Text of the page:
Pay Dirt is Slate’s money advice column. Have a question? Send it to Lillian, Athena, and Elizabeth here. (It’s anonymous!)
Dear Pay Dirt,
I am over 60, single with no children, and just retired. I am now considering my will. I have ten nieces and nephews, aged 43 to 23. I have cordial relations with all of them, and close relations with five.
One of them, “Kate,” has both physical and mental problems. She is in her late 20s and has been self-supporting since graduating college, but her parents and siblings are concerned that she may not be able to support herself until retirement. She does everything she possibly can to maintain her health, but periodically she has to be hospitalized for treatment. I would like to make sure to leave enough money for her to be able to live comfortably if she can no longer support herself. I would like to leave the bulk of my estate to charity, with token gifts to all my nieces and nephews, except for Kate, who (probably—or maybe) will really need the money. I don’t want her cousins (or their parents) resenting her for getting more than they received. (All cousins are close.)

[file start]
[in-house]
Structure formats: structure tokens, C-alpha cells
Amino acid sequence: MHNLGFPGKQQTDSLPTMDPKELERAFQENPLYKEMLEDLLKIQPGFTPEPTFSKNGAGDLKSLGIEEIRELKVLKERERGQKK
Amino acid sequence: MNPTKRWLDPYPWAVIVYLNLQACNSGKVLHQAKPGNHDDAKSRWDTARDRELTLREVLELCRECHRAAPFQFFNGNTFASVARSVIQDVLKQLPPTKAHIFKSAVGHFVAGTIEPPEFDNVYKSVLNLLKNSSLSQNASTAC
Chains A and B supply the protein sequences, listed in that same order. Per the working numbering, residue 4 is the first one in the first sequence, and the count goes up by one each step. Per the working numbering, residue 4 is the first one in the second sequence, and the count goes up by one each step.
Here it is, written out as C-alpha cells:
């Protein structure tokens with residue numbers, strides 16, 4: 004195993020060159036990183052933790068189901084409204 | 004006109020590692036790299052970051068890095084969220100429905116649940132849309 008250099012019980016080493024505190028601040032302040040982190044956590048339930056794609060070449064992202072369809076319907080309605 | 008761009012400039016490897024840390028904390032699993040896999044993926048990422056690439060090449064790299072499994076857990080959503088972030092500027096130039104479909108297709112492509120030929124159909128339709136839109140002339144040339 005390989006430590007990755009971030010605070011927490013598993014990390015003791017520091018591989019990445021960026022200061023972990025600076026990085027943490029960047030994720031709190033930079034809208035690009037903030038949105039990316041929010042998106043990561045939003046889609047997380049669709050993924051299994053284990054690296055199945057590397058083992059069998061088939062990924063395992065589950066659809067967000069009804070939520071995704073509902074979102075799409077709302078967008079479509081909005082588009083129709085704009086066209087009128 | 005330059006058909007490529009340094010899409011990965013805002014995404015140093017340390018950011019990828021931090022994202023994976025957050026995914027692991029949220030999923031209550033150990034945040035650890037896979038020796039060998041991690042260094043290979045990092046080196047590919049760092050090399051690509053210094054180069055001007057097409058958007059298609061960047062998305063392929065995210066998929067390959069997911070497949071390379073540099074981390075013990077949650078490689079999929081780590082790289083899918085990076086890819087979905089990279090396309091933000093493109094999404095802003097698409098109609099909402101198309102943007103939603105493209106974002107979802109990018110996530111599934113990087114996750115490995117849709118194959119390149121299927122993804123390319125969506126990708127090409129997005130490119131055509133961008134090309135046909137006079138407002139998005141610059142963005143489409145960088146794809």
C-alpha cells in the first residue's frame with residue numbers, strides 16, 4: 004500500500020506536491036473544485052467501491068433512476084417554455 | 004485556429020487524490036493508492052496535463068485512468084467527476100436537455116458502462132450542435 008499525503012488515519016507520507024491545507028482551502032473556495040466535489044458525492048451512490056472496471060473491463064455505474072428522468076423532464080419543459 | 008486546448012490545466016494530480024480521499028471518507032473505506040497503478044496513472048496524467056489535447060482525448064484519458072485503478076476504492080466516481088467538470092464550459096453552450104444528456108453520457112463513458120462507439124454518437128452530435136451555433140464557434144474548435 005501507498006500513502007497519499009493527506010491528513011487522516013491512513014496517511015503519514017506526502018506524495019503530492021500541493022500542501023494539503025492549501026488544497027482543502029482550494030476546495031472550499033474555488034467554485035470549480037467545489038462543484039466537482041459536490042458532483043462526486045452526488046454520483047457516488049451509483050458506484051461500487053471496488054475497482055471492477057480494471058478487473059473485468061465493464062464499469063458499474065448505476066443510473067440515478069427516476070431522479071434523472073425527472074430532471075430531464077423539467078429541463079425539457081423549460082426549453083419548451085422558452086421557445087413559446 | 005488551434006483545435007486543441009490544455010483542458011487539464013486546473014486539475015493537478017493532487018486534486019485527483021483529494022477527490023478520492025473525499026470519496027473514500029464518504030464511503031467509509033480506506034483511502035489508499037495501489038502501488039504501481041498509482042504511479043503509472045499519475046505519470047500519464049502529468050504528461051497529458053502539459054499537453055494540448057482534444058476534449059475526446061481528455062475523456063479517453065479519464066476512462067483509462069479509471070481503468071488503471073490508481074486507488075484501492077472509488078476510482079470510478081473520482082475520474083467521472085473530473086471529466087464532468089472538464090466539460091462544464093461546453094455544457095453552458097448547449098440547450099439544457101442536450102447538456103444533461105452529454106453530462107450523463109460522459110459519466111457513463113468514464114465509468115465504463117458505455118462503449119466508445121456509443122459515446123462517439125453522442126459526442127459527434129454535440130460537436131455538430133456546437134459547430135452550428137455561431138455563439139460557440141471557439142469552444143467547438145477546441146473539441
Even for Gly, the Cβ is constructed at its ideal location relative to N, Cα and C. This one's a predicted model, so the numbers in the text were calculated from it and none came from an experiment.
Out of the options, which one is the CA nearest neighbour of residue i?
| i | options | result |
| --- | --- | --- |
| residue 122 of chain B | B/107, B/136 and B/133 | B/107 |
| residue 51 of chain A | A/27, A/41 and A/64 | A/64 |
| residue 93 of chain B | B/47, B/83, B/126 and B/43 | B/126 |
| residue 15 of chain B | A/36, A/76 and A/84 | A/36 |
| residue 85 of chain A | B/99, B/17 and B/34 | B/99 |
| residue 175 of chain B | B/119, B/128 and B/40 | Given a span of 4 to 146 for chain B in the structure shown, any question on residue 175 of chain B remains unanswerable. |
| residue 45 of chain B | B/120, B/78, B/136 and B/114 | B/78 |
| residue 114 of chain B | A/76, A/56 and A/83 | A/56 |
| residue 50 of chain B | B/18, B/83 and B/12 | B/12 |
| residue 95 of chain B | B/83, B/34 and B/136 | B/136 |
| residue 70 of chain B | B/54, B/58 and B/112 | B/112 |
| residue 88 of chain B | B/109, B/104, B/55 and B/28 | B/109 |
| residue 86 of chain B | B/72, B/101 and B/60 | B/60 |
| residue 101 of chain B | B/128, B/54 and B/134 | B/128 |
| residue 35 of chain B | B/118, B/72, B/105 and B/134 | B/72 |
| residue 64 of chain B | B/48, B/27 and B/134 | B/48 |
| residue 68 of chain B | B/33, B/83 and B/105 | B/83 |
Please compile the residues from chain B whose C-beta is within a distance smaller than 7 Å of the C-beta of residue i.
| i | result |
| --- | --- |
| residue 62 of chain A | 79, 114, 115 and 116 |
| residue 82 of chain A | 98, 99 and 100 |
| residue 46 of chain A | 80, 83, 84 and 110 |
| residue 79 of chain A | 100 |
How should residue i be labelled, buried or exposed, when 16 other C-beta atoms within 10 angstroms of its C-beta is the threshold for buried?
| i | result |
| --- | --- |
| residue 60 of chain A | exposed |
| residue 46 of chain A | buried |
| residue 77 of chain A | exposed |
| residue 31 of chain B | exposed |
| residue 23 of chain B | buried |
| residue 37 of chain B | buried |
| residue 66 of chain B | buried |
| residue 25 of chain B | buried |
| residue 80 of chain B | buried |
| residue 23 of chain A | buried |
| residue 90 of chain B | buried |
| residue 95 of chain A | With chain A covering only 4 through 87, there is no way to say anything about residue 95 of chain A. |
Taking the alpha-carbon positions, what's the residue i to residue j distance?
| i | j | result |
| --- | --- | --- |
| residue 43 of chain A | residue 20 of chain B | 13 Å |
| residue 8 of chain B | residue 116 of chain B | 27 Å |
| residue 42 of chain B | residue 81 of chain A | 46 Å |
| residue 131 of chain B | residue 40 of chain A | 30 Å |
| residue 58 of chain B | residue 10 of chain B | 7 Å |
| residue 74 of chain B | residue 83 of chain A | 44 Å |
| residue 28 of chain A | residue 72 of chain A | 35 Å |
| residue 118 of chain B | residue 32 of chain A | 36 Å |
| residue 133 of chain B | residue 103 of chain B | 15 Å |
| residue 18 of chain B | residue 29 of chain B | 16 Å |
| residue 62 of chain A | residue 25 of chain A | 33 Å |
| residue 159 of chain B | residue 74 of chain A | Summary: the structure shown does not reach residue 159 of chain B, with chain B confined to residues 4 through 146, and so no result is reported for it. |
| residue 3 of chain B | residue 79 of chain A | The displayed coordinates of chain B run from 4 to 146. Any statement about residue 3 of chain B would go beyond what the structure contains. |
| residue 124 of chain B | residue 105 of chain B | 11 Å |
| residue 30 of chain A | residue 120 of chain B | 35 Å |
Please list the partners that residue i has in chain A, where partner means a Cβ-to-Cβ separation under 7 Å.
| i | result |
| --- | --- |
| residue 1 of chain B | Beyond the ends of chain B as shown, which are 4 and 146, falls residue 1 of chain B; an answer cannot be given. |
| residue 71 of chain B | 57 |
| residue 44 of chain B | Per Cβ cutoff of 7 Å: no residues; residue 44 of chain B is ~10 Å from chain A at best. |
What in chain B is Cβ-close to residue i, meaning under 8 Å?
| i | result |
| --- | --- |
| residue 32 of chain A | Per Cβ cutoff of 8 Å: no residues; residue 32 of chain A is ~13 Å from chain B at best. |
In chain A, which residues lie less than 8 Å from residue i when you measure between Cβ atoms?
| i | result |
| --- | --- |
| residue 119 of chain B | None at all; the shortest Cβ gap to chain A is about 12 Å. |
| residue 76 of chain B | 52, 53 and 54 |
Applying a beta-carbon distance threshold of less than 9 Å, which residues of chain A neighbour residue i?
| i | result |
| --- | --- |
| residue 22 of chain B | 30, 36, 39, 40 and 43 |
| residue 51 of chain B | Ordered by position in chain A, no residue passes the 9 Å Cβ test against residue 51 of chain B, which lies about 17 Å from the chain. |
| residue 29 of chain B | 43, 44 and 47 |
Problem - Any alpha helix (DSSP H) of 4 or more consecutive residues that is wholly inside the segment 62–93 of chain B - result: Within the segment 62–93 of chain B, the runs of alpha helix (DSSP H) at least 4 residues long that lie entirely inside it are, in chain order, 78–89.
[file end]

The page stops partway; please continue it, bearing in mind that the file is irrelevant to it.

My total assets are currently about $2.5 million, from which I am withdrawing $60,000 per year (3 percent of my 401(k).). I receive another $60,000 in a taxable pension. I am waiting until age 70 to file for Social Security. My benefit is estimated to be $3,200/month. I’m wondering if buying a term life insurance policy each year and naming Kate the beneficiary would be a way of providing for her without letting the rest of the family know. Do you have any other suggestions?